Gene Expression Analysis Helps Determine Sensitivity to Immunotherapies

Gene Expression Analysis Helps Determine Sensitivity to Immunotherapies

Researchers at Johns Hopkins University have discovered that variations in gene expression levels can provide insight into mechanisms that allow tumors to respond to immunotherapies.

The study, “Transcriptional Mechanisms of Resistance to Anti–PD-1 Therapy,” was published in the journal Clinical Cancer Research.

Scientists have been working to create drugs called immunotherapies which manipulate the immune system as a defense mechanism against cancer. These drugs can initiate an immune response in patients that is specifically targeted toward cancer cells.

One type of immunotherapy currently being investigated are known as checkpoint inhibitors. They function to stop tumor cells from evading the immune system.

While these therapies are successful in some cancers, they don’t work with all cancers. In fact, they don’t consistently work in all patients with the same type of cancer.

One well-known checkpoint inhibitor called anti-PD-1 (programmed cell death-1) works in 60 percent of patients with advanced Hodgkin’s lymphoma, but works in only 20 percent of patients with lung, bladder, and head and neck cancer.

PD-1 is a protein whose expression is increased by tumor cells as it allows them to evade the immune system. Anti-PD-1 is an immunotherapy which helps the immune system recognize the presence of tumor cells, which then works to kill them.

Anti-PD-1 has recently been approved for the treatment of metastatic melanoma, Hodgkin’s lymphoma, and lung, kidney, bladder, and head and neck cancers.

To determine the cause of the difference in response rates to these checkpoint inhibitors, researchers analyzed 26 different melanoma tumors obtained from one 60-year-old patient with metastatic melanoma that was treated with anti-PD-1 until he died from a non-cancer-related cause. The autopsy allowed physicians to conduct an analysis of these tumors.

Over the course of treatment, CT scans revealed that some of the tumors in the patient were responding to the therapy and shrinking, but others were completely non-responsive.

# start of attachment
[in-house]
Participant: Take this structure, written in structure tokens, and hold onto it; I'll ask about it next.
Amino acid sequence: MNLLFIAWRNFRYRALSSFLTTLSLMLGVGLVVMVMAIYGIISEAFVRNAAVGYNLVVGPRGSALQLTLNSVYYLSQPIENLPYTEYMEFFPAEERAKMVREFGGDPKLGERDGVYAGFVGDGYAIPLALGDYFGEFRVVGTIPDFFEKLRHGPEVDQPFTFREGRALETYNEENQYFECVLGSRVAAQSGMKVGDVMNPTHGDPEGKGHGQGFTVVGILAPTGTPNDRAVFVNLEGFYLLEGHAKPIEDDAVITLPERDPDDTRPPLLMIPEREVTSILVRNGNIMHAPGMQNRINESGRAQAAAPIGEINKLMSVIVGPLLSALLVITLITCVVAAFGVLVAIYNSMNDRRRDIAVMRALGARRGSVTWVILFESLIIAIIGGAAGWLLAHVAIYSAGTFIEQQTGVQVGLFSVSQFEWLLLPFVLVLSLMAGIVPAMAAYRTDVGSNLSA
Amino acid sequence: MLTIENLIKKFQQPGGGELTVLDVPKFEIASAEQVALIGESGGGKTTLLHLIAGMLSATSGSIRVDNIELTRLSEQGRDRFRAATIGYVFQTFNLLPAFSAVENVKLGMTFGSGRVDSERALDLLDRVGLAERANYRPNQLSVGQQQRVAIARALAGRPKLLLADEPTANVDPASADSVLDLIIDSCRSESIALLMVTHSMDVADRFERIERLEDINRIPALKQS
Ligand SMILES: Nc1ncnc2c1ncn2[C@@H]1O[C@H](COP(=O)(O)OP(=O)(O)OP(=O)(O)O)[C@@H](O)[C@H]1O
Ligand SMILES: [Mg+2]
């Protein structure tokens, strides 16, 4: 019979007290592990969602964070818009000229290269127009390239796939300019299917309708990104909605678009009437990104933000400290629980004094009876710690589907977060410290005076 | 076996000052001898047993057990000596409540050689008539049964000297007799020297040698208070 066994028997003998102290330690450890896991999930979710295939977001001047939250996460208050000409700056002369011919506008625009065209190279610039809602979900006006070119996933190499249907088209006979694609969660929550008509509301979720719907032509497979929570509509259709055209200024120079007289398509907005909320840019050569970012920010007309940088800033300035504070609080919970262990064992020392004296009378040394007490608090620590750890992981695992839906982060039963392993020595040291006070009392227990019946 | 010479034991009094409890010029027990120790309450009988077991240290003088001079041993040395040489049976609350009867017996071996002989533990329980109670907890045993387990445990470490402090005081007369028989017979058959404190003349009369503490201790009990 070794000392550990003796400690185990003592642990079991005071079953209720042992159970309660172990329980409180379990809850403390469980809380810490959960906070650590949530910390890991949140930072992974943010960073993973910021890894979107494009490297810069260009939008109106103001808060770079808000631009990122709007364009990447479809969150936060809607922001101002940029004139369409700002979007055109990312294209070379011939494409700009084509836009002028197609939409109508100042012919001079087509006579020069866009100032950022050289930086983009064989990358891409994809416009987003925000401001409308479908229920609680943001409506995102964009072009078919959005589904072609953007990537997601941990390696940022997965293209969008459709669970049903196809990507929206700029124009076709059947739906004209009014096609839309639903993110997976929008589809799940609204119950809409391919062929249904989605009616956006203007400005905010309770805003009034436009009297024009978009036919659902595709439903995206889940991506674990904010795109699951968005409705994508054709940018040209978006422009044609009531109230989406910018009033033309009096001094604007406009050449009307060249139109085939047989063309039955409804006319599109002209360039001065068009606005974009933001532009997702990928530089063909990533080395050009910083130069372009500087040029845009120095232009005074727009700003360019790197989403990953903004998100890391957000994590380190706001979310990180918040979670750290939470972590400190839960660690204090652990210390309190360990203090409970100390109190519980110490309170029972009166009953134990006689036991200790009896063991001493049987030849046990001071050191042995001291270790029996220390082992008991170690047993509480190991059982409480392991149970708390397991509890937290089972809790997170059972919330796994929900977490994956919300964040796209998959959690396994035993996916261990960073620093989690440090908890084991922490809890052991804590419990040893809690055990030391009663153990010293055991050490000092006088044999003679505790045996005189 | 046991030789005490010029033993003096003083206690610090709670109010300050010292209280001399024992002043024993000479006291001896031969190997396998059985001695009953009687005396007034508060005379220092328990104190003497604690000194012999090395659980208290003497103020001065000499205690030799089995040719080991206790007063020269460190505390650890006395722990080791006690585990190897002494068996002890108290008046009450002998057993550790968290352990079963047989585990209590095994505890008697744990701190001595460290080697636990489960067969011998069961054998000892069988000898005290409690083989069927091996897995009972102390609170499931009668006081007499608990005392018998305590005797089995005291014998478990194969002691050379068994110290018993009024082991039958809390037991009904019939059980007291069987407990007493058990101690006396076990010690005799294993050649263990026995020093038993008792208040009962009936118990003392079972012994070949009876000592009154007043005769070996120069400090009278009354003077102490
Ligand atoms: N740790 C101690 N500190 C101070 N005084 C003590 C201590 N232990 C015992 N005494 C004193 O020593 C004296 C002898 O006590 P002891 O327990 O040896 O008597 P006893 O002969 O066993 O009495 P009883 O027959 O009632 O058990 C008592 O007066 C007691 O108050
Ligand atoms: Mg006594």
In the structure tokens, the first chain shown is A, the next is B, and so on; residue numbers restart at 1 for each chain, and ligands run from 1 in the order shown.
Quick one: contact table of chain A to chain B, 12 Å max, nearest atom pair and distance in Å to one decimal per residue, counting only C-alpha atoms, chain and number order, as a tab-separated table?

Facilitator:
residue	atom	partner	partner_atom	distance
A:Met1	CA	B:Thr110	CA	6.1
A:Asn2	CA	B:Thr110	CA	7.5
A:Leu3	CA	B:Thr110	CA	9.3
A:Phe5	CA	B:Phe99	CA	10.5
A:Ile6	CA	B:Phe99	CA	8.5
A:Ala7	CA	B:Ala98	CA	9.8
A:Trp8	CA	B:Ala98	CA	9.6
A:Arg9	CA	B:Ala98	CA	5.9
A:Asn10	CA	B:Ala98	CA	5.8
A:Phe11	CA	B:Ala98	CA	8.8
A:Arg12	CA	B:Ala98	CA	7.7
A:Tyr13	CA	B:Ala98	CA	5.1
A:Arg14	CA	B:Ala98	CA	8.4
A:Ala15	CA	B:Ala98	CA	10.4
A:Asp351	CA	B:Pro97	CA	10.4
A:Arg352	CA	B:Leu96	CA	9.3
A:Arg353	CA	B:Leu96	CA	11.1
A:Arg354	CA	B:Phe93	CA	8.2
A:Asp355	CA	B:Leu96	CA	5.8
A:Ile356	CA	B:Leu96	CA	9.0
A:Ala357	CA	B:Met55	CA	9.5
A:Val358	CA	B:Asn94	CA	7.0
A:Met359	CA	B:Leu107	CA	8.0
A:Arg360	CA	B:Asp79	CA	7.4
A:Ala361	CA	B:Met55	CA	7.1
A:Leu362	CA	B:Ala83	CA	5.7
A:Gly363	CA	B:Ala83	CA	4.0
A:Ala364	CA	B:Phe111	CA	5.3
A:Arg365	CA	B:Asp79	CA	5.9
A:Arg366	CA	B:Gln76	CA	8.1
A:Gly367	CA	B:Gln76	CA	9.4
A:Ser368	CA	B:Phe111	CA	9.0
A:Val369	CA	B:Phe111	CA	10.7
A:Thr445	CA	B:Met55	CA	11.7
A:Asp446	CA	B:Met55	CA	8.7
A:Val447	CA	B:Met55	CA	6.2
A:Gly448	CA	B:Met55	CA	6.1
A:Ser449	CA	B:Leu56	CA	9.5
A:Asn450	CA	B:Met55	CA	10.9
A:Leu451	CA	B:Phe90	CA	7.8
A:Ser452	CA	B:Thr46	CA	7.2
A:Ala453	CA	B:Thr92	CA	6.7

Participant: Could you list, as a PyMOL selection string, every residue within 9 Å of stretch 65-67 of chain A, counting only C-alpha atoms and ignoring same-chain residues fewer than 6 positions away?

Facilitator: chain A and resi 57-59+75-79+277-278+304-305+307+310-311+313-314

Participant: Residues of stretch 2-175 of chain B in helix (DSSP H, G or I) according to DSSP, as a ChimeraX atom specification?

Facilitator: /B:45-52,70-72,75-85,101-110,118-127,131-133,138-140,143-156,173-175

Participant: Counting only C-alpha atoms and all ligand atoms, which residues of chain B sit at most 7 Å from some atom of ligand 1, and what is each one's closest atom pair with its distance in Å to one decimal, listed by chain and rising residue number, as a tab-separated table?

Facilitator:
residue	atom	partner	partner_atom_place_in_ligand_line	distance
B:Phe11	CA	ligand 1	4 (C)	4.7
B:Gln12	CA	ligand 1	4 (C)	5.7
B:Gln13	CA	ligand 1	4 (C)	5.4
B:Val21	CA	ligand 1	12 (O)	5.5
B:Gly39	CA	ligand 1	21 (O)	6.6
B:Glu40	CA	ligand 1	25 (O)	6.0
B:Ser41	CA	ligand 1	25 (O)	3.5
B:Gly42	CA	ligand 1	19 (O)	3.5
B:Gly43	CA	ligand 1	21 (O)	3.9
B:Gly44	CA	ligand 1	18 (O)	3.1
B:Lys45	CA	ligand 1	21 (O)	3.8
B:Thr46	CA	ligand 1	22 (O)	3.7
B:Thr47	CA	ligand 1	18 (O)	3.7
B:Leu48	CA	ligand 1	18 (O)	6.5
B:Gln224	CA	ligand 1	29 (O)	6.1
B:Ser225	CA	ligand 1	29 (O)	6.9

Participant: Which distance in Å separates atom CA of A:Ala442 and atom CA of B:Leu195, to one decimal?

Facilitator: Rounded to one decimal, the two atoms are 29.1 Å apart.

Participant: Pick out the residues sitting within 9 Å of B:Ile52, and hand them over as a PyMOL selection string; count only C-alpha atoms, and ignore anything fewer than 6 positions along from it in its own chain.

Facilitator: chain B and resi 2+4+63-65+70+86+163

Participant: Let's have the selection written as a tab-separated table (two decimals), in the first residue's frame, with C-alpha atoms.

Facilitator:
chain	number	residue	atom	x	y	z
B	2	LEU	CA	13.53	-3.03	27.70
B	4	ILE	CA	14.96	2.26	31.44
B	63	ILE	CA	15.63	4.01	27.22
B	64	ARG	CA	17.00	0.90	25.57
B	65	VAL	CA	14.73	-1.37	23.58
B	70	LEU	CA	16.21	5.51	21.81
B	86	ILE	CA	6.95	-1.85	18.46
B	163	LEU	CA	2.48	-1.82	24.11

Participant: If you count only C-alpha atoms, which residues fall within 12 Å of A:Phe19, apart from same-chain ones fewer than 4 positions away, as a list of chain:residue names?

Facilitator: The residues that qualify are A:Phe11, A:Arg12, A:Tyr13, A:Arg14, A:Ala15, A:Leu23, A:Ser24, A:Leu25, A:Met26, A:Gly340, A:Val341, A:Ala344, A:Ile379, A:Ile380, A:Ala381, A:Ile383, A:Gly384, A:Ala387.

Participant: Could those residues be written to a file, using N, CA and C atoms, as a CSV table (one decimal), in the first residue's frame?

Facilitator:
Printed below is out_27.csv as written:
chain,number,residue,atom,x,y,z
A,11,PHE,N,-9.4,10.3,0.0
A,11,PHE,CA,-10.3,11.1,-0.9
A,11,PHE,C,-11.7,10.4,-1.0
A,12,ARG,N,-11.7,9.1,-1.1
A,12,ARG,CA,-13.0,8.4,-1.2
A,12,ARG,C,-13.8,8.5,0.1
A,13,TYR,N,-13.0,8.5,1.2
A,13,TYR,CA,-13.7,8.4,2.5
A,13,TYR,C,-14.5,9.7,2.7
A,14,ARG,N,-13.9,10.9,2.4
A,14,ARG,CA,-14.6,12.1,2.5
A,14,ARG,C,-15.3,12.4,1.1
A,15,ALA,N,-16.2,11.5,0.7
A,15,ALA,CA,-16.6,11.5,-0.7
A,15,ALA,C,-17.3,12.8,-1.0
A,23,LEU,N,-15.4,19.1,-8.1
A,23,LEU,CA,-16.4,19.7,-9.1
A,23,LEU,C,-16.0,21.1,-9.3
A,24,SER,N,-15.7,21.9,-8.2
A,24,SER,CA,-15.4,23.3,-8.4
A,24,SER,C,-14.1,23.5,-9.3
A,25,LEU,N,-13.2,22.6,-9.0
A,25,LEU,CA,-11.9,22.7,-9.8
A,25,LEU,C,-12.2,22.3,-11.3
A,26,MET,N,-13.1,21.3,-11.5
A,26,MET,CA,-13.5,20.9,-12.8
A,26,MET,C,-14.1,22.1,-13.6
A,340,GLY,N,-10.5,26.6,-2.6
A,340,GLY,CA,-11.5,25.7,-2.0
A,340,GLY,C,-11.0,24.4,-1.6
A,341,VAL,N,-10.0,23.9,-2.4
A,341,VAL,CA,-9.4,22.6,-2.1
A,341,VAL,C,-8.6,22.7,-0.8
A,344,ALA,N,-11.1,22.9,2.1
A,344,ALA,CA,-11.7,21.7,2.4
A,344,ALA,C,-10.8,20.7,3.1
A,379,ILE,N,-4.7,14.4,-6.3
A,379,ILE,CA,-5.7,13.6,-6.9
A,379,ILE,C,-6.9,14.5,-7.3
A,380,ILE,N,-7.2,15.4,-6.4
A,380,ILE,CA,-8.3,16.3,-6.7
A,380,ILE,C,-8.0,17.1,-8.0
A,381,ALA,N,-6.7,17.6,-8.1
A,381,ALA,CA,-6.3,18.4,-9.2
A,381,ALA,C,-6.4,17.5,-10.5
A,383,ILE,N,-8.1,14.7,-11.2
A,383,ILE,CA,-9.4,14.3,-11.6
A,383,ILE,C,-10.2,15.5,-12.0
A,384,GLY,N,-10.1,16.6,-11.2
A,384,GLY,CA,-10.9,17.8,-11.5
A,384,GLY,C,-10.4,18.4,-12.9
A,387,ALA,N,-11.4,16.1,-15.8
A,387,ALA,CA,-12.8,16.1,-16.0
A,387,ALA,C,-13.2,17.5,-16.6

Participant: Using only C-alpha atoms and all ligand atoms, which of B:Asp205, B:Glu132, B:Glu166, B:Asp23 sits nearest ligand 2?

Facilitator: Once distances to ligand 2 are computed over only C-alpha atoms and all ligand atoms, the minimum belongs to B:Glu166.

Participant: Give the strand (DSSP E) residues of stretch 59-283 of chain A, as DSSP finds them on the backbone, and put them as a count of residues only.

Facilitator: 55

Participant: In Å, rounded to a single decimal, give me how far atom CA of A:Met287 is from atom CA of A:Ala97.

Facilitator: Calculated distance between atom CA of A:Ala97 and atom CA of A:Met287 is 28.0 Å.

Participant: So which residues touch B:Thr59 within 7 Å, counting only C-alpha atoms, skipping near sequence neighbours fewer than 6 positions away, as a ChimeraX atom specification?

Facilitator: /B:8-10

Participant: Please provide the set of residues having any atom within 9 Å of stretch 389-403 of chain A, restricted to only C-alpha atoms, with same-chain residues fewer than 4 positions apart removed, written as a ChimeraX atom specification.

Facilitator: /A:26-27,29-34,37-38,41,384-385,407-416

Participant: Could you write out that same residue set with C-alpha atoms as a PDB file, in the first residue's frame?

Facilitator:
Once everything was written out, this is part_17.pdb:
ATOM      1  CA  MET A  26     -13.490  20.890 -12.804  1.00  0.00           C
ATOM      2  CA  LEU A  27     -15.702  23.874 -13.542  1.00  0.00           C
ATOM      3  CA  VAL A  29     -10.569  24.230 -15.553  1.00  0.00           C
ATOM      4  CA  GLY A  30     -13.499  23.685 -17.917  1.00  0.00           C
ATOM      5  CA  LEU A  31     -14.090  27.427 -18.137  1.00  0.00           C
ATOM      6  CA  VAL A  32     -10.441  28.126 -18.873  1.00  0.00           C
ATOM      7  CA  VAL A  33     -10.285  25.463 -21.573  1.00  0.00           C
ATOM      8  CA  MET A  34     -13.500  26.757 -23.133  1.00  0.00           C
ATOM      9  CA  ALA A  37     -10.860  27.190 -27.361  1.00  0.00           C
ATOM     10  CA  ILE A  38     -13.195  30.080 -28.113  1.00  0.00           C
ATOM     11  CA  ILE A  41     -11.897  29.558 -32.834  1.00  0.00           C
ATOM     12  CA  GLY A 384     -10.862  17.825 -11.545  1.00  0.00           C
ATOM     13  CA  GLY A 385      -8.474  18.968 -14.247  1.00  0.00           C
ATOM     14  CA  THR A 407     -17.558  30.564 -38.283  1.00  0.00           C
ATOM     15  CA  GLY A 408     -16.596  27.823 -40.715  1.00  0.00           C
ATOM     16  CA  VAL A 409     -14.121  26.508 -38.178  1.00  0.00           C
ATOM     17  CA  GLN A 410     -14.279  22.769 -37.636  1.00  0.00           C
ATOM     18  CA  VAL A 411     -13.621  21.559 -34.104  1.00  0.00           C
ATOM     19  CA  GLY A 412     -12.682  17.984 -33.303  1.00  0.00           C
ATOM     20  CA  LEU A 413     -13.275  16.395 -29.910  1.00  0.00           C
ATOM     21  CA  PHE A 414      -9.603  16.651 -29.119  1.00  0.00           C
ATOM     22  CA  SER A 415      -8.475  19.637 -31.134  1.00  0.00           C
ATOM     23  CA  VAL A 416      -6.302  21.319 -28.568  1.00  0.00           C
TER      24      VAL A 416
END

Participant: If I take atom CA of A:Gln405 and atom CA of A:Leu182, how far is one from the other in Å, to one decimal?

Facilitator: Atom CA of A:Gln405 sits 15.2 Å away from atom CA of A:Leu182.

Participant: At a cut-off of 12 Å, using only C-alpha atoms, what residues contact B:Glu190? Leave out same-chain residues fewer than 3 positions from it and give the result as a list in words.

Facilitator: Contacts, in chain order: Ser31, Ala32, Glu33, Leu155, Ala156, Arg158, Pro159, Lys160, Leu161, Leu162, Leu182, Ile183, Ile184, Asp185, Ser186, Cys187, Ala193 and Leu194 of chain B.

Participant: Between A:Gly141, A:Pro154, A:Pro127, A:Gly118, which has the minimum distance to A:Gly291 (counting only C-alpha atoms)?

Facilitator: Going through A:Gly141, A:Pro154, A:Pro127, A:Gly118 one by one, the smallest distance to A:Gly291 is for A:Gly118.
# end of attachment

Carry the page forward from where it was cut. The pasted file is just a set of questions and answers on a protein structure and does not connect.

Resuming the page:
This prompted researchers to conduct two different tests on the tumor samples, whole exome sequencing and assessing immunologic markers. Whole exome sequencing refers to a process that helps determine if there are mutations in the genetic sequence for genes that are expressed. Assessing immunologic markers allows researchers to determine the immune response in patients by analyzing immune cells and molecules.

Interestingly, neither of these tests showed a difference between the tumors that responded to anti-PD-1 and those that didn’t.

This caused researchers to conduct a different test called gene expression analysis, which allowed them to look at how many copies of a gene are being produced in the different tumors, indicating gene activity. This was a successful strategy, as the researchers discovered that there was a marked difference in gene activity between the responding and non-responding tumors.

Results from this test showed that 13 different genes were expressed differently in the responsive and unresponsive tumors. Among them, the tumors that were not sensitive to anti-PD-1 treatment had a 2,000-fold higher activity in the LAMA3 gene. The unresponsive tumors also had four-times more activity in the gene CXCR2.

LAMA3 is involved in helping normal and cancer cells migrate, and CXCR2 is involved in melanoma cell growth and plays a role in attracting immune cells to sites of inflammation.

Data from this study could be used to develop new drugs or improve the use of current checkpoint inhibitors and other immunotherapeutic drugs.

“We conclude that gene expression analysis is a potentially powerful tool for discovering the Achilles heel for each tumor,” Dr. Suzanne Topalian, MD, a professor in the Department of Surgery at the Johns Hopkins University School of Medicine, said in a press release.

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